I always say that I had two first cars. It doesn’t make sense logically, but I’ll defend that statement by saying that a): my first vehicle was a van not a car, and b): I didn’t get to pick out my first vehicle. When I sold my Dodge Maxivan I used the poor fuel mileage as an excuse. While that was certainly the case, I’m not sure I saved on fuel with its replacement, as the engine was only fractionally smaller but a lot harder to stay out of the throttle. But I did get to pick it, which qualifies it to be my other first car.
I had a thing for the second-generation Camaros, but somewhat unusually, I liked the later ones better with the molded bumpers. This was a happy happenstance as I couldn’t afford a decent early one anyway. But what I could afford is a really nice late example, so in a rare fit of intelligence, I went after the best example available. I really wanted a low mileage example with a manual gearbox which thinned the available options considerably. The car turned out to be a white-on-white 1978 model, which had two owners since new. Add the fact that the first owner only had it six months, it was about as close to the mythical “one caring owner” car as I could reasonably expect to find.
While the Z28 had been re-introduced in 1977, it took until 1978 for any proper performance and style upgrades to happen. Gone were the clunky steel impact bumpers; flush, body-colored urethane bumpers were fitted for a cleaner look. I’d call it one of the best solutions to the five-mph bumpers regulations. The rear tail lights also got a bit of an overhaul, and now sported three colors.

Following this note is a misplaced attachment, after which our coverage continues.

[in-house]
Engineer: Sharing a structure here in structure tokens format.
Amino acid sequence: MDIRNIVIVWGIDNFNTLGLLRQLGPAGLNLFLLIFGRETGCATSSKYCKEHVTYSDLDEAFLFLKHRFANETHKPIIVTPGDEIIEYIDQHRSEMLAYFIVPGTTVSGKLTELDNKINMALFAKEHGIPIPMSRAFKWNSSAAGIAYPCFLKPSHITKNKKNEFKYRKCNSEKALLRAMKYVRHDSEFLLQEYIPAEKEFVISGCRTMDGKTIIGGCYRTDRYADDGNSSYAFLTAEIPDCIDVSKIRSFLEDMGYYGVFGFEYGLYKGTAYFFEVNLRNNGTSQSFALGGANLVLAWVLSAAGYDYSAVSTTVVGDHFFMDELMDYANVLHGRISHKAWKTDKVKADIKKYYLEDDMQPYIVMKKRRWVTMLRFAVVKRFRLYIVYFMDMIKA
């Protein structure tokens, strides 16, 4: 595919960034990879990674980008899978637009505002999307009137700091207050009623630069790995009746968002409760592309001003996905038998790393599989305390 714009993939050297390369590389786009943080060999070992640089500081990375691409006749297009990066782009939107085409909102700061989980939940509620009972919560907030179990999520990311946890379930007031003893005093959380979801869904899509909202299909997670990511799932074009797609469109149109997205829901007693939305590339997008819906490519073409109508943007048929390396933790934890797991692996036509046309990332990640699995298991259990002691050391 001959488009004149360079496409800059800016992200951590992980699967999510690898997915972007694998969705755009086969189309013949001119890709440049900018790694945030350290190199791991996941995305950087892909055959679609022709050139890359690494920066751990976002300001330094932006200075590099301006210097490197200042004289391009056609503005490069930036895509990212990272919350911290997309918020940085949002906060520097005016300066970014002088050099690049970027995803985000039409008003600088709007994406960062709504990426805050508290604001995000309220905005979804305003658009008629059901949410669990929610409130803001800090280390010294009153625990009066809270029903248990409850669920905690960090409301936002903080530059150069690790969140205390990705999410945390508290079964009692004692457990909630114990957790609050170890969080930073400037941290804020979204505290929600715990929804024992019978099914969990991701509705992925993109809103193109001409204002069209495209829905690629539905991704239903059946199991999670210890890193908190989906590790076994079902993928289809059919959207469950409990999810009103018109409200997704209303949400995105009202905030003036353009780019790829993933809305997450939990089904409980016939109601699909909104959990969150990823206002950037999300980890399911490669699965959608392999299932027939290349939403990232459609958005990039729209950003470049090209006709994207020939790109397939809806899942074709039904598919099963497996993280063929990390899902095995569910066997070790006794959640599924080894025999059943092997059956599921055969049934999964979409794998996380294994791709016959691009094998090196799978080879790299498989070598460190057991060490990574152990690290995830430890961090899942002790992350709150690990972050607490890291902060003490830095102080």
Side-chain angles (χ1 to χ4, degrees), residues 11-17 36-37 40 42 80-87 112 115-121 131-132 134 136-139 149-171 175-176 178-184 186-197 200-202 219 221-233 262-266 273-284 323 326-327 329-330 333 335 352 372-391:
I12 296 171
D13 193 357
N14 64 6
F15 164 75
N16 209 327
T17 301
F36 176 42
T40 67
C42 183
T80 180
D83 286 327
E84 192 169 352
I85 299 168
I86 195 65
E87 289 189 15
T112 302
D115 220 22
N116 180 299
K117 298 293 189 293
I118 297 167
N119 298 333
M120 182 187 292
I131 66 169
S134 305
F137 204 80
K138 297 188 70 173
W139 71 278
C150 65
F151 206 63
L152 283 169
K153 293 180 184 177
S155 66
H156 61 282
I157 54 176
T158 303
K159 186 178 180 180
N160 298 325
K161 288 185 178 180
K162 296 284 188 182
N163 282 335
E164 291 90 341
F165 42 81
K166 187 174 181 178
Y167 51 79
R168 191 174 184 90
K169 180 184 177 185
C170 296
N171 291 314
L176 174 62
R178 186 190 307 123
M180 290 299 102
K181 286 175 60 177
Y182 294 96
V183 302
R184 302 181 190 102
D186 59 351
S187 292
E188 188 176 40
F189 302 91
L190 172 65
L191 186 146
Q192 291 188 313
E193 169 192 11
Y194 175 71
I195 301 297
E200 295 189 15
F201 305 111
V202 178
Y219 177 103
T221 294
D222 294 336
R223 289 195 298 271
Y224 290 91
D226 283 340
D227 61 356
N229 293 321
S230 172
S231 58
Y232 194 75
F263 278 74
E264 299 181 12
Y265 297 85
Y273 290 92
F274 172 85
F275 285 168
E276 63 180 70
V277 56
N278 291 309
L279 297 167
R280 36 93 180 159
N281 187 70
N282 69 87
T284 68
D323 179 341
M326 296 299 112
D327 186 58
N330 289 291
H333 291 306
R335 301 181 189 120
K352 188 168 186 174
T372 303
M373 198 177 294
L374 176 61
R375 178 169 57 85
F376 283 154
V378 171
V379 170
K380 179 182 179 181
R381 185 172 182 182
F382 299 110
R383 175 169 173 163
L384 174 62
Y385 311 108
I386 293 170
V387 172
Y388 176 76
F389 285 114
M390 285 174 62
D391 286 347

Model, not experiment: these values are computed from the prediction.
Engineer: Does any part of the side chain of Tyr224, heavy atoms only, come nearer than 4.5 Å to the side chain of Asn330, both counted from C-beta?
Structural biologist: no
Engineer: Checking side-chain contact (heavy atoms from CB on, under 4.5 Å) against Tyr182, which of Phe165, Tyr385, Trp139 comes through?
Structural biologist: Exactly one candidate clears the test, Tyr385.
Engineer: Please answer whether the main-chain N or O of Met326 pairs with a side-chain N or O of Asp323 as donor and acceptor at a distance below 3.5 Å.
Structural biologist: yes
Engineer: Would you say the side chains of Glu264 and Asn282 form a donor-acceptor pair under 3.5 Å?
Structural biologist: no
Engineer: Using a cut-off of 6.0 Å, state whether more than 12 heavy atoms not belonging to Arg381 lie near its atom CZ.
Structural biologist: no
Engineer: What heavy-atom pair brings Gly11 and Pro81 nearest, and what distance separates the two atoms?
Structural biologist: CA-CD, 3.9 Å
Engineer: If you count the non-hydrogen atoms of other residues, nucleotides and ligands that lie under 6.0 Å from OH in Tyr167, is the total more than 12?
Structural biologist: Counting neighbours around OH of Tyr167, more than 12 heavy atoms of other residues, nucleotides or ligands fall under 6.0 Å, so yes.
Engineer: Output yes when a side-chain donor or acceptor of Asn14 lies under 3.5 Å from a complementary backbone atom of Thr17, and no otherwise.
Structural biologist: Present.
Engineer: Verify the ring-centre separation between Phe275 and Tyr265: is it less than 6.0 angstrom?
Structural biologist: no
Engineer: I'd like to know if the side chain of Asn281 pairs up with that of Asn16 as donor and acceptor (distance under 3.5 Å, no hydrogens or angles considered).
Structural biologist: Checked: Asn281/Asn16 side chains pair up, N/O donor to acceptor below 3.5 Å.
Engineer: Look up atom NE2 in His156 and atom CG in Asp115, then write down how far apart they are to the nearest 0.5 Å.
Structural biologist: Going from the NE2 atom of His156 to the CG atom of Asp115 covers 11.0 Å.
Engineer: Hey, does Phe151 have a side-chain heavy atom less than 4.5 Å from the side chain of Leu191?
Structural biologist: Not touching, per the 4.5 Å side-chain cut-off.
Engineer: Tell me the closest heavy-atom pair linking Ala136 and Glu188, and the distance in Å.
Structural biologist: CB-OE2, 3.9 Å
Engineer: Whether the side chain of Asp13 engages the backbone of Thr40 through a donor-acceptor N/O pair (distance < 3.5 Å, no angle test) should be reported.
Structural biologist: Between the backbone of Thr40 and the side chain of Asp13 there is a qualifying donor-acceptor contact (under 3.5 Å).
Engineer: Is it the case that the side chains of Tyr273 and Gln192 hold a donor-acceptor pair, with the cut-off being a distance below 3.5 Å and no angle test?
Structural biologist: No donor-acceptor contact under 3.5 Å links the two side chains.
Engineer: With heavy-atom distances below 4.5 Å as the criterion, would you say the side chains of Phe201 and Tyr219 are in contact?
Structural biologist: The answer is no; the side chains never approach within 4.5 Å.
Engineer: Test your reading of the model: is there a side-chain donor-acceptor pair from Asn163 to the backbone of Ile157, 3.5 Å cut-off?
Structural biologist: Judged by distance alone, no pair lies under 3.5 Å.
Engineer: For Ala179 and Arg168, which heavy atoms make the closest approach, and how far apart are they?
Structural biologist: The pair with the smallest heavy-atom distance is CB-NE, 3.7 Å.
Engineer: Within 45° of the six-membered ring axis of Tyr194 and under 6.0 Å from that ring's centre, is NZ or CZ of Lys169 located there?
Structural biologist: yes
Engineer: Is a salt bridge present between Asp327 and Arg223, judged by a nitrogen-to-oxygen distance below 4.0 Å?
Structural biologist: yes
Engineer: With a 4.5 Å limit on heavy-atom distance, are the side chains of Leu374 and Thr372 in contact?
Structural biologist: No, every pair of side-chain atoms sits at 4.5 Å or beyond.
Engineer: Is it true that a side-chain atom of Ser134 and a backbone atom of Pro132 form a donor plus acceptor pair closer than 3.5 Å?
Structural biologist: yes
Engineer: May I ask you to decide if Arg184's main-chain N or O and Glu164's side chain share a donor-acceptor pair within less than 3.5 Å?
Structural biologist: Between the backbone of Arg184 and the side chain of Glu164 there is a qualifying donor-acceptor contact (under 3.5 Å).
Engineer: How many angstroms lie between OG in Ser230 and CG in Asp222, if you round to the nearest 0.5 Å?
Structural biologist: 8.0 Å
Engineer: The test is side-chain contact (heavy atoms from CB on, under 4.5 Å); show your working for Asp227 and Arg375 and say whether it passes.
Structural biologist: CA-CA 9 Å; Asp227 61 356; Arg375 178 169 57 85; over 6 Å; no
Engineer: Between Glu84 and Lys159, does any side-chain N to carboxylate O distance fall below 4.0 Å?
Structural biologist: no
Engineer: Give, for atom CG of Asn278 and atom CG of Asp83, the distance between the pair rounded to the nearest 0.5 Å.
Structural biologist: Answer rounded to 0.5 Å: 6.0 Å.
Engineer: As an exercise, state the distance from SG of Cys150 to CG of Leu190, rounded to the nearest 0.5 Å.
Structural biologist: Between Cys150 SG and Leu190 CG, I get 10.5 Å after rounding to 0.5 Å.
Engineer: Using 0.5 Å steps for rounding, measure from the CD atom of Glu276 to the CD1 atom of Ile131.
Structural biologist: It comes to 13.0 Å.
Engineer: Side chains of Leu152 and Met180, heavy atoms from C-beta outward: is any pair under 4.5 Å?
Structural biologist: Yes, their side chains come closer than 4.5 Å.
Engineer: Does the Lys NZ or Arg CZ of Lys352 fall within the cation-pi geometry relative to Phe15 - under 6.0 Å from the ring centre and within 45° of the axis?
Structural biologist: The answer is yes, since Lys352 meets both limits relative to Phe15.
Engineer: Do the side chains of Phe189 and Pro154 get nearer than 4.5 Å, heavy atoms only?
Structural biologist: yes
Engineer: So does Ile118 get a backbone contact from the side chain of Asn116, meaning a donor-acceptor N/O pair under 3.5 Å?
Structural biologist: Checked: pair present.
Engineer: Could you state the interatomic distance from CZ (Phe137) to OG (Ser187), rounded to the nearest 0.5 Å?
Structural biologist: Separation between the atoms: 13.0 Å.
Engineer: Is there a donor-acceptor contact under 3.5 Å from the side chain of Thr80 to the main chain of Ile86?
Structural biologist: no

Looking back at this filthy engine compartment makes me wince now, but I’ll again use my mechanical ignorance at the time as my excuse. In 1978 the Z28 came equipped with the 350cid (5.7L) V8 topped with a four barrel QuadraJet carburetor. The power rating of 185hp @ 4000 rpm and 280 lb-ft of torque @ 2400 rpm might seem a bit sad these days, but it was quite respectable for the era, and easily eclipsed anything the Mustang had to offer.
My motor was not completely stock, however. It featured an unknown aftermarket camshaft, headers and some nasty, rusty aftermarket chrome valve covers. It also had true dual exhausts instead of the factory cross over system, and sounded fantastic to my young ears. The rear axle had a 3.73 ratio with limited slip.
I never had it on the dyno, but it felt very healthy indeed; perhaps a little faster than the ’96 Mustang GT I owned later (but concurrently with the Z28). Unfortunately I punched a hole in the headers one week into my ownership due to a protruding man hole cover on a street undergoing some road work. Oops; I guess it took me a bit to realize that I didn’t have van-levels of ground clearance anymore. You can see the very white replacement headers in the photo. They didn’t stay looking that clean for long.
The 1978 models were a bit of a transition as they featured the refreshed exterior but still stuck with the older style interior. My car looked really sharp inside with the white door panels and seats. It looked very like this, but sadly I didn’t take any photographs, so we’ll have to make do with this example from a car show. The four-speed Super T10 gearbox was a joy to use. Having to lift the knob to get reverse threw me the first couple times though.